: who shouted "ON THE LEFT" because I had no idea which way to move.


: You're not supposed to move, then, are you? "ON YOUR LEFT" is a warning to
: let slower traffic know you're there. Just hold your line and the faster
: cyclist will pass you. Am I wrong?
:
:
It's all about blame, doncha know. She is still trying to blame someone
else.



  #5  
Old September 19th 05, 03:23 PM
Roger Zoul
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Posts: n/a
Default If Adults on bikes could be as simple as kids on bikes

Maggie wrote:
: Yesterday my husband and I were walking the multi-use path in
: Brookdale Park. This is the path where I was knocked over by a
: cyclist couple who shouted "ON THE LEFT" because I had no idea which
: way to move.

Maggie, Maggie, Maggie. When someone says "On your left" they are
essentially telling you that they are on your left and not to move there.
That tells you to watch your movements to the left, not to move. Think
about it...if they are passing you on the left, then they already have a
path over which to travel and they are trying to let you know not to get in
that path...think more about it...they cannot demand that you move...so if
you are actually blocking their path, they need to stop or they will crash
into you. I, for one, would certainly not choose to run into any object on
my bike. But if someone perhaps isn't aware of my rapid approach, I would
want to let them know I'm coming so they can avoid moving into my path.

Adding to that, he came up behind me on one side and
: his wife or GF came up from behind on the other side. Adding to all
: that confusion, I of course, moved the wrong way.
:
: Since then, I try to walk on the track instead of the path but the
: husband likes the path better. More scenery.
:
: Well yesterday we were walking and talking when we hear a small
: childs voice yell in a very loud booming voice from a far distance.
: "BICYCLE COMING THROUGH. BICYCLE COMING THROUGH".

That tells you nothing about the path the kids are taking as they pass
you...

My husband and I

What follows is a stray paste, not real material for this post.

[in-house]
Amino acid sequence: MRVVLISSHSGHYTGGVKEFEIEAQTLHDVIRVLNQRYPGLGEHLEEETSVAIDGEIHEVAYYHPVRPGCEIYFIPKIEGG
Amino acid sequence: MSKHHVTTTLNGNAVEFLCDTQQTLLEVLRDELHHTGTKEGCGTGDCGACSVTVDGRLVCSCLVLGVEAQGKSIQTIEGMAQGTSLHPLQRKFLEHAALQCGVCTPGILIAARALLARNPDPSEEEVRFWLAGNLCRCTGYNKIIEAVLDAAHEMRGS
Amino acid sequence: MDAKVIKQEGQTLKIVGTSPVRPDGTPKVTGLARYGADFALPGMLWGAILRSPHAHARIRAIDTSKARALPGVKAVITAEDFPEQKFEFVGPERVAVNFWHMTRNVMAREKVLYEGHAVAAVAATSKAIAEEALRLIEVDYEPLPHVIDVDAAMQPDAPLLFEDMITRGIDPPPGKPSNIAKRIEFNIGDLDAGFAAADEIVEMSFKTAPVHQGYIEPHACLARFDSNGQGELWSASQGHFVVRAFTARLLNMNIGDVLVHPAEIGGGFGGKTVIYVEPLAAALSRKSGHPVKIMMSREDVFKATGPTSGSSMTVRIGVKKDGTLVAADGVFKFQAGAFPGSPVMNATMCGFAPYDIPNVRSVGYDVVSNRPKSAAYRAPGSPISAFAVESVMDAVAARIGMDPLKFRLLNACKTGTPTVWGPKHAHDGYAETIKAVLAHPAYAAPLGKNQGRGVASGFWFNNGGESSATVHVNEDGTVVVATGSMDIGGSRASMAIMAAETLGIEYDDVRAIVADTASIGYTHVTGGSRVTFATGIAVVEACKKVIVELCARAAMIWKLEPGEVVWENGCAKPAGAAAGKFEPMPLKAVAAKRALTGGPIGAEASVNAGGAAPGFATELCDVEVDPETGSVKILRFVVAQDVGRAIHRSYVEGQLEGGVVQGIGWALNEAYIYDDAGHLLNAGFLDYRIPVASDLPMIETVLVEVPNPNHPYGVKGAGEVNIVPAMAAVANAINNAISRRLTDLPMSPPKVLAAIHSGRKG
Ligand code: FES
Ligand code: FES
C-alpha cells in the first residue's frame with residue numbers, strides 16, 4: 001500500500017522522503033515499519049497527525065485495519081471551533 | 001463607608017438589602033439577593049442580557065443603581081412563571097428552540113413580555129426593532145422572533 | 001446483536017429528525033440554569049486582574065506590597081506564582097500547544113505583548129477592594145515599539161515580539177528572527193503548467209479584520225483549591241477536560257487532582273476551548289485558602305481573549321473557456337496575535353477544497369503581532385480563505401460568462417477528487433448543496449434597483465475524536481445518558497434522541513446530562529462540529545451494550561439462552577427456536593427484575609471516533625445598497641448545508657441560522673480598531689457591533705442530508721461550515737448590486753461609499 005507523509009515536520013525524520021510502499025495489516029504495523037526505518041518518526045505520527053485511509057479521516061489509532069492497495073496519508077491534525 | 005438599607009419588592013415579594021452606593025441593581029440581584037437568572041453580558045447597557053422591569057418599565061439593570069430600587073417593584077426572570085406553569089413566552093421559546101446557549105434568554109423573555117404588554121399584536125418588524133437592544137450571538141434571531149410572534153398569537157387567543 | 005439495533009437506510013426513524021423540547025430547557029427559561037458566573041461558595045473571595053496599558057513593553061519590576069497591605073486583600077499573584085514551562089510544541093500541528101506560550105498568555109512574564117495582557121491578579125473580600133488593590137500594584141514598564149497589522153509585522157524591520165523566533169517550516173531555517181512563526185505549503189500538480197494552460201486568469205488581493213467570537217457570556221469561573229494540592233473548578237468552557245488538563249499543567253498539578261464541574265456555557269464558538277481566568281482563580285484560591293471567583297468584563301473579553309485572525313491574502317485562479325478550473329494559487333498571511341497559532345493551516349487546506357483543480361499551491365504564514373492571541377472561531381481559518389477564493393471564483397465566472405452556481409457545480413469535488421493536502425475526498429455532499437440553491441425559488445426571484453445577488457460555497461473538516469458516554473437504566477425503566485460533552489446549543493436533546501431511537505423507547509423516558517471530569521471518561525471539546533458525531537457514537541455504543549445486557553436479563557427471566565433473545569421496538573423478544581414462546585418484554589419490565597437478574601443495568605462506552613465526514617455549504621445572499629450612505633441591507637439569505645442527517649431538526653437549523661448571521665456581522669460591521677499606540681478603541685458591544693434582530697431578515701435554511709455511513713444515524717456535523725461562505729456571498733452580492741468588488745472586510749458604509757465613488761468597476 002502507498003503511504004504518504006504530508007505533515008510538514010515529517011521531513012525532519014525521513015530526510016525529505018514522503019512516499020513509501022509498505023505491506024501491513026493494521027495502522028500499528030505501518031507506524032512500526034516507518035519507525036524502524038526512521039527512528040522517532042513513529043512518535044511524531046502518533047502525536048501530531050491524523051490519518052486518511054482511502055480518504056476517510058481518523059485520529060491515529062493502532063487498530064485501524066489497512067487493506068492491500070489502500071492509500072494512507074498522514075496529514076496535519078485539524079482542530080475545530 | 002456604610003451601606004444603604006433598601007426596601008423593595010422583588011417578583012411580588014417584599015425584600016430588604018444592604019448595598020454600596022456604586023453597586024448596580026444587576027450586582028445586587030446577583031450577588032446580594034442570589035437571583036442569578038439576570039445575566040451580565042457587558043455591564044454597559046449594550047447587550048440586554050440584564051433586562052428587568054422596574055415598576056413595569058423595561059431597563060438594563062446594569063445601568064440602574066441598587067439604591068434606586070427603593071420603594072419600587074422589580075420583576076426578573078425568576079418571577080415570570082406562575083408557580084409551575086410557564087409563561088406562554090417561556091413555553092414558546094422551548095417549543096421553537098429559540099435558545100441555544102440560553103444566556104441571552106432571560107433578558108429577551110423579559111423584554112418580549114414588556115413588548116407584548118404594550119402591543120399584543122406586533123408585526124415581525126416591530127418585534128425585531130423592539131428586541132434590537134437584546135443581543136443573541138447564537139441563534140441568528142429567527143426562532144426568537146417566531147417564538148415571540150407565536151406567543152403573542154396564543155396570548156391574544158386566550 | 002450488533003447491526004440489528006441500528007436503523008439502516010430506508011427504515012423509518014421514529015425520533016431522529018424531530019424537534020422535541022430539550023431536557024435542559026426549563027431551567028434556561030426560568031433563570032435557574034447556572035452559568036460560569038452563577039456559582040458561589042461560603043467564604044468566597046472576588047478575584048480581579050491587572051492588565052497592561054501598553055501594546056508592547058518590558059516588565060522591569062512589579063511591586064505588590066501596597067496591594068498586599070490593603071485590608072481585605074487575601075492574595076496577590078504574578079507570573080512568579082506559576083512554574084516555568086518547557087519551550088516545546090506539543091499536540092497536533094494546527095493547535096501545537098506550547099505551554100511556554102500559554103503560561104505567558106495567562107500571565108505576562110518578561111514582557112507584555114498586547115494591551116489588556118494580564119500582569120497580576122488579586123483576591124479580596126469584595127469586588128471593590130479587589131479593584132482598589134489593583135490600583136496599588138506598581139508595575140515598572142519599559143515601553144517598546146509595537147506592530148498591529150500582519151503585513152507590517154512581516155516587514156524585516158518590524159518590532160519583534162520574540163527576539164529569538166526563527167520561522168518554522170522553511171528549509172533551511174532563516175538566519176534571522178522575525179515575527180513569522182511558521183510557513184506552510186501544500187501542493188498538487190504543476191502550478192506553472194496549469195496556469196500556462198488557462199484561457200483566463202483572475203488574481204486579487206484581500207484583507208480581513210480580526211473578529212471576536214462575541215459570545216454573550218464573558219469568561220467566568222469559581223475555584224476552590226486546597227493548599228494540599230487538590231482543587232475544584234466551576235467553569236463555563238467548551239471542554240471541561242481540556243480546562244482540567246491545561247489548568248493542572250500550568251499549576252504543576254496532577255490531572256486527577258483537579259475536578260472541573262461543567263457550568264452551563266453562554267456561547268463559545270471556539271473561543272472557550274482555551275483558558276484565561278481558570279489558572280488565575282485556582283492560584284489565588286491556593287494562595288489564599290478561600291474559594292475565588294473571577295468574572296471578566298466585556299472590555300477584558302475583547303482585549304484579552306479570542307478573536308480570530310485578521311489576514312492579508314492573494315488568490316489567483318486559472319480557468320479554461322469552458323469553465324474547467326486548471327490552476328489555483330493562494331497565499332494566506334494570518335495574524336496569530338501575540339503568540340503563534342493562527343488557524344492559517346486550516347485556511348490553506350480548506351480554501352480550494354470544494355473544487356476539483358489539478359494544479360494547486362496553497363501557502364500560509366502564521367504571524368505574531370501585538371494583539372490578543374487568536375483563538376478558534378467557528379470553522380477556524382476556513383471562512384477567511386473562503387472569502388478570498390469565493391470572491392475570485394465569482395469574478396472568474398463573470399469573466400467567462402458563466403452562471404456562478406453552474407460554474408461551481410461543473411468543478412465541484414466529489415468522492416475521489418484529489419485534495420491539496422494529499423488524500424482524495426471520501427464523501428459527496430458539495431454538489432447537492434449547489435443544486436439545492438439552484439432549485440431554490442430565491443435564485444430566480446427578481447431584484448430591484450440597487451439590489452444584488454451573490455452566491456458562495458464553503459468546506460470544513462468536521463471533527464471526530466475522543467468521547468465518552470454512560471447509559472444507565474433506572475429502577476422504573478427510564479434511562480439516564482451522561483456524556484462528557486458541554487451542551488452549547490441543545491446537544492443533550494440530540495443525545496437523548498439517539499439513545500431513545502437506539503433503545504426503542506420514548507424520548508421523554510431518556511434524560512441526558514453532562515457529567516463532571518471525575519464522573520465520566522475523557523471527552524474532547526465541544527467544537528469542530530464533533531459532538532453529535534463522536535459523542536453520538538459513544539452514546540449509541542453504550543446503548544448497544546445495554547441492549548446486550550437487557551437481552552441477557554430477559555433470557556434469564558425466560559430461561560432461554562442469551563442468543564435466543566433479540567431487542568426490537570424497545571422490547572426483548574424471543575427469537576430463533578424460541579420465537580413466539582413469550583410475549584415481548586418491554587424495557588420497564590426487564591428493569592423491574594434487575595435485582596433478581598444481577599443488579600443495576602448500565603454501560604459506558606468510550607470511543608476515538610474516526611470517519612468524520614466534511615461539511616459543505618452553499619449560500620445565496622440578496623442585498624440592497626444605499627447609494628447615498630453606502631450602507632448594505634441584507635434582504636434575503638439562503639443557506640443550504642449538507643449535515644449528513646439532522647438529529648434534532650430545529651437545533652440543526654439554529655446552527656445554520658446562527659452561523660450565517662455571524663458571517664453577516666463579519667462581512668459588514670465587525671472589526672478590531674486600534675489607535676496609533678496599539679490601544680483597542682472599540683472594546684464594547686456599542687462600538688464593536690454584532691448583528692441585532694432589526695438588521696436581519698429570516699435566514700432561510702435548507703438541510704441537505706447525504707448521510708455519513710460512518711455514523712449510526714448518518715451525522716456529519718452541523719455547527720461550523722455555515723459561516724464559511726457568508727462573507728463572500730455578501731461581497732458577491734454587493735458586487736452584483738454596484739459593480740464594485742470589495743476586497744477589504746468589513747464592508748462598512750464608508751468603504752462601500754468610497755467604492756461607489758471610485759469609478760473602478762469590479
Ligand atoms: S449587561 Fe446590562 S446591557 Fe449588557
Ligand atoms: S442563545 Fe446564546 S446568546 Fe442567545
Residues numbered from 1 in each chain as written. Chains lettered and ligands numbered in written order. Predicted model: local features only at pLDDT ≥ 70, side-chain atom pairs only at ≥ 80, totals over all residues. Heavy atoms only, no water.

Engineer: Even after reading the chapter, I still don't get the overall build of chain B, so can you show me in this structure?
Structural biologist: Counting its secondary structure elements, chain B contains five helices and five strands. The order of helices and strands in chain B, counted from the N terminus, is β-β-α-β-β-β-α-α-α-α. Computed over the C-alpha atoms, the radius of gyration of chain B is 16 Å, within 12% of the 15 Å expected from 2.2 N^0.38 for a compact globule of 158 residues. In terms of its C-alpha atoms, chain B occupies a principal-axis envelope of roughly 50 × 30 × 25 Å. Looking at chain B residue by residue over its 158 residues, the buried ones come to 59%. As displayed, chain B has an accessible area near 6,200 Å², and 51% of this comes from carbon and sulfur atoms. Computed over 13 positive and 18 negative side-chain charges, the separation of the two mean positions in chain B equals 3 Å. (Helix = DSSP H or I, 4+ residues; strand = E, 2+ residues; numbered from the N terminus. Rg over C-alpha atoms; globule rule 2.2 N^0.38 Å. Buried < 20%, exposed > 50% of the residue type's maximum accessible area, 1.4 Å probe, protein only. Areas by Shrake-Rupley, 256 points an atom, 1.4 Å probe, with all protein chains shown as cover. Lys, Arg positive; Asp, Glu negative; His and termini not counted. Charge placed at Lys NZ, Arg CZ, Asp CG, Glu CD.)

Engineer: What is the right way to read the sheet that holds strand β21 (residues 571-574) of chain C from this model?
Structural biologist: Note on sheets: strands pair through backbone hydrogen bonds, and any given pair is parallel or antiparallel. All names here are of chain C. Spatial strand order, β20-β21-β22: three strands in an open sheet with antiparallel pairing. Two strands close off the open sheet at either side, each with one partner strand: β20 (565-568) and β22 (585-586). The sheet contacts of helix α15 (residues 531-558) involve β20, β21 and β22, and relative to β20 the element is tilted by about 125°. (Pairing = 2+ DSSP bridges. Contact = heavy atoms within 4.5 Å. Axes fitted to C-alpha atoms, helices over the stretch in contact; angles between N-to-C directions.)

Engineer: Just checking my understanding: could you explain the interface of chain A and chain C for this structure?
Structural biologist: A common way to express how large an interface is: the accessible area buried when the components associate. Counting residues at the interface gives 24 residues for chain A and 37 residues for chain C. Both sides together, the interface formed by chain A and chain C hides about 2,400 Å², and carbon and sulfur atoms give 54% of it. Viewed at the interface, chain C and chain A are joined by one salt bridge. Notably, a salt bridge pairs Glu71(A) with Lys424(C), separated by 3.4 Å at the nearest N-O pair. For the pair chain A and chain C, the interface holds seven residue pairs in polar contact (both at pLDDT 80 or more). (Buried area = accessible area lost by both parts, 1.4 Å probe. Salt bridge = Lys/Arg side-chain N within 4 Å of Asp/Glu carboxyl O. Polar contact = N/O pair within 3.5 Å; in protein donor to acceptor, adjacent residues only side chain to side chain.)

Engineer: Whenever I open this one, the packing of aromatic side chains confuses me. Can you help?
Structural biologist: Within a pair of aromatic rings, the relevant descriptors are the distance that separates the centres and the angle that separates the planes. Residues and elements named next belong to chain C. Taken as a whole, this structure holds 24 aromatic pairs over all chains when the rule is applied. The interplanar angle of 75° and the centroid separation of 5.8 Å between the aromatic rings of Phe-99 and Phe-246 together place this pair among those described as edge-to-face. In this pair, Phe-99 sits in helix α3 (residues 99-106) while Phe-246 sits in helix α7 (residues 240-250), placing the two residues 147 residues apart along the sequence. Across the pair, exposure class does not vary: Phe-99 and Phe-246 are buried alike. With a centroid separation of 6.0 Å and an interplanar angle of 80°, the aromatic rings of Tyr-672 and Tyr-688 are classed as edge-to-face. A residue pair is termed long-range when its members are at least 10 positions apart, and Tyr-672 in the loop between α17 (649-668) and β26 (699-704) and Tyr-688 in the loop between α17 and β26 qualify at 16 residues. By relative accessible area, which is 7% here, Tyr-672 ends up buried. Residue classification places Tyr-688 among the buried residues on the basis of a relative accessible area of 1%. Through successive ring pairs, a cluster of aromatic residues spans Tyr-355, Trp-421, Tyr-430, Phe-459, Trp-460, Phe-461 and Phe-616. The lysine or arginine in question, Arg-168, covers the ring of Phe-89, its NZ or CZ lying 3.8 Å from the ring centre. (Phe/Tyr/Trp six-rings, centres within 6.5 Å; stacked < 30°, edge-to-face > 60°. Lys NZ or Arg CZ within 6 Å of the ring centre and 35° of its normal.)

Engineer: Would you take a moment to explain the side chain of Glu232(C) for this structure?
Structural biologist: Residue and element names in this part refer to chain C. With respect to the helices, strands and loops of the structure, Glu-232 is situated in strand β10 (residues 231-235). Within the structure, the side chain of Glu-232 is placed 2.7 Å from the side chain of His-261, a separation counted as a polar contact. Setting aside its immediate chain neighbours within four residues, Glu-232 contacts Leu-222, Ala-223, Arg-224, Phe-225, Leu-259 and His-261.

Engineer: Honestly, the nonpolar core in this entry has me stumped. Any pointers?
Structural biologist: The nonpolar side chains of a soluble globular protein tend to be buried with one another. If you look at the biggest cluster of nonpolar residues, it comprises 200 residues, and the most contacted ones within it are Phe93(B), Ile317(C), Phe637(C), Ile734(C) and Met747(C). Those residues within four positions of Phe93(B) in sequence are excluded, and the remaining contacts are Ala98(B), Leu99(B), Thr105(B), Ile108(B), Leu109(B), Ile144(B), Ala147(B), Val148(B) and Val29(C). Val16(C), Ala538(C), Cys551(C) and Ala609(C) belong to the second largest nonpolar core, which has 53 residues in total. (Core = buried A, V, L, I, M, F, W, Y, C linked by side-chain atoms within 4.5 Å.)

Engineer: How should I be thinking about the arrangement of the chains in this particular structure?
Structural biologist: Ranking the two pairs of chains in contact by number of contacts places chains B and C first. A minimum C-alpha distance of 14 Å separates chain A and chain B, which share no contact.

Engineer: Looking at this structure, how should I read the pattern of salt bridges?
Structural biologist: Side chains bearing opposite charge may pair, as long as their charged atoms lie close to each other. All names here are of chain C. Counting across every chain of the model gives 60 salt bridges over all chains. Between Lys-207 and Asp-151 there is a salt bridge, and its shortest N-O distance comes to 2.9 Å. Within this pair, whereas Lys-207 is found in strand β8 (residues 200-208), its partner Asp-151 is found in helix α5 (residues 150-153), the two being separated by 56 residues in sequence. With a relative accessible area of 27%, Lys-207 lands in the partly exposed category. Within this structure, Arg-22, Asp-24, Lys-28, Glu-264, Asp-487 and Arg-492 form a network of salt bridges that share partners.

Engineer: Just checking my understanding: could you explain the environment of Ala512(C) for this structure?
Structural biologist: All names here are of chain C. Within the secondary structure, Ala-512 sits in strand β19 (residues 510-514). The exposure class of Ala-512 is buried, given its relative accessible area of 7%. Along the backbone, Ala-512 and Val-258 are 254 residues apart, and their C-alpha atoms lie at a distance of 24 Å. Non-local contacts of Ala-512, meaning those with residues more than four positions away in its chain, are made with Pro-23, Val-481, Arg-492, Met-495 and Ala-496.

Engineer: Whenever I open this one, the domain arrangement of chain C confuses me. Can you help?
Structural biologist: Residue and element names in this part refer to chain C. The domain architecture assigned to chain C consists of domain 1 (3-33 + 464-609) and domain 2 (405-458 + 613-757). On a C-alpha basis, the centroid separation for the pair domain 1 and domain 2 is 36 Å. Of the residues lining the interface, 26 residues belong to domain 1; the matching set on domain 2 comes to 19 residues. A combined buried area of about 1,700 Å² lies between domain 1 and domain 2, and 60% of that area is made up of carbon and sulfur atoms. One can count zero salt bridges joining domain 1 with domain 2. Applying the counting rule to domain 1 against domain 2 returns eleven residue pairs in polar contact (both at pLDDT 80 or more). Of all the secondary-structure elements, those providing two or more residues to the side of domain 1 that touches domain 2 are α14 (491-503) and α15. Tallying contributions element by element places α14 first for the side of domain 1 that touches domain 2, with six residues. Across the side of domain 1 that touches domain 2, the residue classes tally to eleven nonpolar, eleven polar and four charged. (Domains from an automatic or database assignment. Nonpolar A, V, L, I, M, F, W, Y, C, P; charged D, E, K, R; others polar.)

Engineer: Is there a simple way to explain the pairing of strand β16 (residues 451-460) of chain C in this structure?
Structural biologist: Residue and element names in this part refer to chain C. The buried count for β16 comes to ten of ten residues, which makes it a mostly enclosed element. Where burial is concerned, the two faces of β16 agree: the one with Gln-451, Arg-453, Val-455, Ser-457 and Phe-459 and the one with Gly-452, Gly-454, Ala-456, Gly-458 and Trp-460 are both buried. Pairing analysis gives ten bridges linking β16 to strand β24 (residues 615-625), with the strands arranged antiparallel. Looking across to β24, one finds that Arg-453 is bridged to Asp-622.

: had time to turn around and both of us moved to let him go between
: us...and as he went through he said..."TWO MORE BICYCLES COMING
: THROUGH"...the next kid yelled..."ONE MORE BICYCLE COMING
: THROUGH"....and then when they all past us...they yelled "THANK
: YOU".

Just be happy that you had time to respond...otherwise, you'd have gotten
hit.


It was the cutest thing. They must have been about 8 or 9
: years old, wearing helmets, and very police riders.
: I guess children know what to shout when riding their bikes more than
: the adults in the park who scream...ON YOU LEFT...or ON YOUR
: RIGHT....I've watched more confusion happen when cyclists yell that.
: If cyclists decide to ride on a path where people are walking,
: talking, walking dogs, running, and strolling....I think they should
: think like those children. AND JUST YELL IT LIKE IT IS.
:
: Just shout....."BICYCLE COMING THROUGH"...with plenty of time for
: walkers, strollers, etc to move. I love kids. They are damn smart.
: Maggie.

You're really not learning much here, Mags. Must be a sign of getting old.


  #6  
Old September 19th 05, 06:11 PM
Mike Jacoubowsky
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Default If Adults on bikes could be as simple as kids on bikes

: Yesterday my husband and I were walking the multi-use path in
: Brookdale Park. This is the path where I was knocked over by a
: cyclist couple who shouted "ON THE LEFT" because I had no idea which
: way to move.

Maggie, Maggie, Maggie. When someone says "On your left" they are
essentially telling you that they are on your left and not to move there.
That tells you to watch your movements to the left, not to move. Think
about it...if they are passing you on the left, then they already have a
path over which to travel and they are trying to let you know not to get
in that path...think more about it...they cannot demand that you move...so
if you are actually blocking their path, they need to stop or they will
crash into you. I, for one, would certainly not choose to run into any
object on my bike. But if someone perhaps isn't aware of my rapid
approach, I would want to let them know I'm coming so they can avoid
moving into my path.


I 'm with Maggie on this one. The "on your left" stuff just doesn't work
with a *lot* of people, yet we continue to come up with reasons why it's
appropriate. Sorry, but people get easily confused when something's coming
up from behind them, and in the auto world (which they're used to), you
don't have a similar epithet or appropriate response.

The problem is the "left" part of it. Somehow it implies that *you* (the
rider in front) are supposed to do something... but the reality is that
you're supposed to do absolutely nothing except hold your present line.

When I'm overtaking other cyclists, and note that they're riding in a
predictable fashion, I say nothing. Actually, that's not quite true; if
there's an opportunity to make myself known audibly, as in casual chat with
other cyclists, I do so. Why? Because it's not intimidating, and lets
someone know you're there. And then I just ride past (on the left, of
course) as if everyone's doing the right thing (which they are). Just as
would happen while driving.

On the other hand, saying "On your left" sounds more like a command to get
out of the way, perhaps the bicycle equivalent to flashing your lights at
somebody.

And what if the cyclists you're trying to pass are riding all over the
place? My guess is that it's even more difficult to instill order into such
situations than to simply find a way to give them a wide berth.

: Well yesterday we were walking and talking when we hear a small